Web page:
- Shopping by smart speaker is growing more slowly than previously forecast amid security concerns and competition from smartphones, eMarketer said in a revised outlook. As a result, the researcher cut its forecast for the number of U.S. consumers who will make a purchase through a smart speaker to 21.6 million this year from 23.6 million.
- The revised estimate indicates that the number of smart speaker shoppers will grow by about 18% this year from 18.3 million in 2019, and make up about 11% of total digital buyers. By next year, the number of voice shoppers is expected to reach 23.5 million to make up about 12% of total e-commerce consumers, per eMarketer.
- The researcher now expects 26% of smart speaker owners to make purchases with their devices this year, down from a prior estimate of about 28%. The forecast number of smart speaker users was cut to 83.1 million by the end of 2020 from the 84.5 million previously forecast.
EMarketer's lowered forecast for shopping by smart speaker acknowledges several hurdles to greater adoption. Consumers are worried about privacy and the security of payments on smart speakers, as other research has suggested. More than half (59%) of people who regularly use voice-powered devices have concerns about privacy, per a study by Hub Entertainment Research. Among consumers who don't yet have a smart speaker and don't plan to buy one, 66% cited privacy as a key reason to avoid buying the devices.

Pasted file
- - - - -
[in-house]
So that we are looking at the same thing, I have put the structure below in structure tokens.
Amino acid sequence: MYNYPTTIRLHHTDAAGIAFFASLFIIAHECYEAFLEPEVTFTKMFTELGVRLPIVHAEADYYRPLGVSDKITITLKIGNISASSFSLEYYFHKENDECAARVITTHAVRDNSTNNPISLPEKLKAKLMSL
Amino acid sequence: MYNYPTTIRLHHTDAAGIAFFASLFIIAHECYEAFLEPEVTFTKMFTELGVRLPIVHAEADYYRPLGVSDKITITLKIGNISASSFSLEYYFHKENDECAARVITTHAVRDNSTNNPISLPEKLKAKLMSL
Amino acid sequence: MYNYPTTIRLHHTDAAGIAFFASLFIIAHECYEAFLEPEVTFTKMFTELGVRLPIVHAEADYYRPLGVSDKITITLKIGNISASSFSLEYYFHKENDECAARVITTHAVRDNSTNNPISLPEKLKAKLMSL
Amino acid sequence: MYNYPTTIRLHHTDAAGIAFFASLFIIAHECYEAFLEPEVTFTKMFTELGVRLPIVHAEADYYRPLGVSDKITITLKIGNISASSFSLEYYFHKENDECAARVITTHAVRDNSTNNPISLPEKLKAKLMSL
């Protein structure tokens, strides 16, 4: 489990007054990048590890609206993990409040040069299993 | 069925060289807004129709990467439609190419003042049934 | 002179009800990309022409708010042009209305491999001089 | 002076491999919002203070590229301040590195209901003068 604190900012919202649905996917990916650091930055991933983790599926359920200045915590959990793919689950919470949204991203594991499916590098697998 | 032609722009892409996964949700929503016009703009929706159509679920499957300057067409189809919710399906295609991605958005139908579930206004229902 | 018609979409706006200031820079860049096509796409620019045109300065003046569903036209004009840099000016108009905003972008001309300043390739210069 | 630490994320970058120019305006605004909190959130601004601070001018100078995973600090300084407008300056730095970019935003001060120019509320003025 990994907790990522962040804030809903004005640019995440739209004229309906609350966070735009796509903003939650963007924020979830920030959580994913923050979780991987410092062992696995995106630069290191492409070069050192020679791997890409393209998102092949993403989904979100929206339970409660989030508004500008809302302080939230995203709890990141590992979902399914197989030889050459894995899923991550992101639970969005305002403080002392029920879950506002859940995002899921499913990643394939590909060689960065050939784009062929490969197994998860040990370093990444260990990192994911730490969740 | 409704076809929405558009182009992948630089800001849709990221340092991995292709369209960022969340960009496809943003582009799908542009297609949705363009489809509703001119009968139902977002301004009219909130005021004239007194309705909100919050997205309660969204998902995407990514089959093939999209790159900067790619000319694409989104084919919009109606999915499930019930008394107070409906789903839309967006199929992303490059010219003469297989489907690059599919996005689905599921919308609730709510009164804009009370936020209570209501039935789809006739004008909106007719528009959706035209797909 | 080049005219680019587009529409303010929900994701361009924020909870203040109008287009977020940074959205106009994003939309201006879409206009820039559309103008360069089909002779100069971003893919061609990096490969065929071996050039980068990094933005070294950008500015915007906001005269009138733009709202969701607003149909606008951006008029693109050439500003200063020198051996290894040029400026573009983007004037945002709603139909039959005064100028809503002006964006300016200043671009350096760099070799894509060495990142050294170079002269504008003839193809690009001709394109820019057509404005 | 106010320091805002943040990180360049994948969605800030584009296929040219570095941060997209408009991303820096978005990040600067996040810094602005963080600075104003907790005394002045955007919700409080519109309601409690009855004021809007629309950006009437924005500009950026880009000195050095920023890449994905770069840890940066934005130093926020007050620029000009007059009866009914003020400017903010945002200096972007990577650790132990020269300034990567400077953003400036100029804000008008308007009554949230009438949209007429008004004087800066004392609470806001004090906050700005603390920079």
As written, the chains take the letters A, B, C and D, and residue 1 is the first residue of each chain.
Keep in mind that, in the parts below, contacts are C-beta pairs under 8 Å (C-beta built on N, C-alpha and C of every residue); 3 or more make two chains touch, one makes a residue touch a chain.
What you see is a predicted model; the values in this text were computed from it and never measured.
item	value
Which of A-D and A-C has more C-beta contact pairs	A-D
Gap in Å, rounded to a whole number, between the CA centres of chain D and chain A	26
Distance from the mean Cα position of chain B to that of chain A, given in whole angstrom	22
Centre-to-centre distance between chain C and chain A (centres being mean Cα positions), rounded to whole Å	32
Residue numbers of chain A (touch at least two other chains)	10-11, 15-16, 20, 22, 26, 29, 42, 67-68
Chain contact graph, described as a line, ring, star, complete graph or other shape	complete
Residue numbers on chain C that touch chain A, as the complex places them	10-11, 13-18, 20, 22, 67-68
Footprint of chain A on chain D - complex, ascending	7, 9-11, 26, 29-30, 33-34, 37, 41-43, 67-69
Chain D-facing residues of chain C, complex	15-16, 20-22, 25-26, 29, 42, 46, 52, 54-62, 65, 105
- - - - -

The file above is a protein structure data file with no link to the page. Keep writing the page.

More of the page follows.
Consumers also want to see products before making a purchase, but many smart speakers don't have a display — a key feature of smartphones that makes them more viable for online shopping, per eMarketer. Consumers have tended to buy lower-cost entry models of smart speakers without displays, and more than half of people who buy a smart speaker have an entry-level device like Amazon's Echo Dot or the Google Home Mini, per Consumer Intelligence Research Partners estimates cited by Marketing Land.
EMarketer's revised estimate for smart-speaker shopping also acknowledges how people use their devices for activities ranging from listening to audio to getting information. The researcher made an upward revision to its estimate of the percentage of smart speaker users who listen to audio to 81% and make inquiries to 78%. That estimate bodes well for streaming media companies like Spotify and Pandora that provide on-demand audio through smart speakers. The findings also suggests that device makers need to make broader efforts to add more features to smart speakers and educate consumers about those capabilities to boost adoption.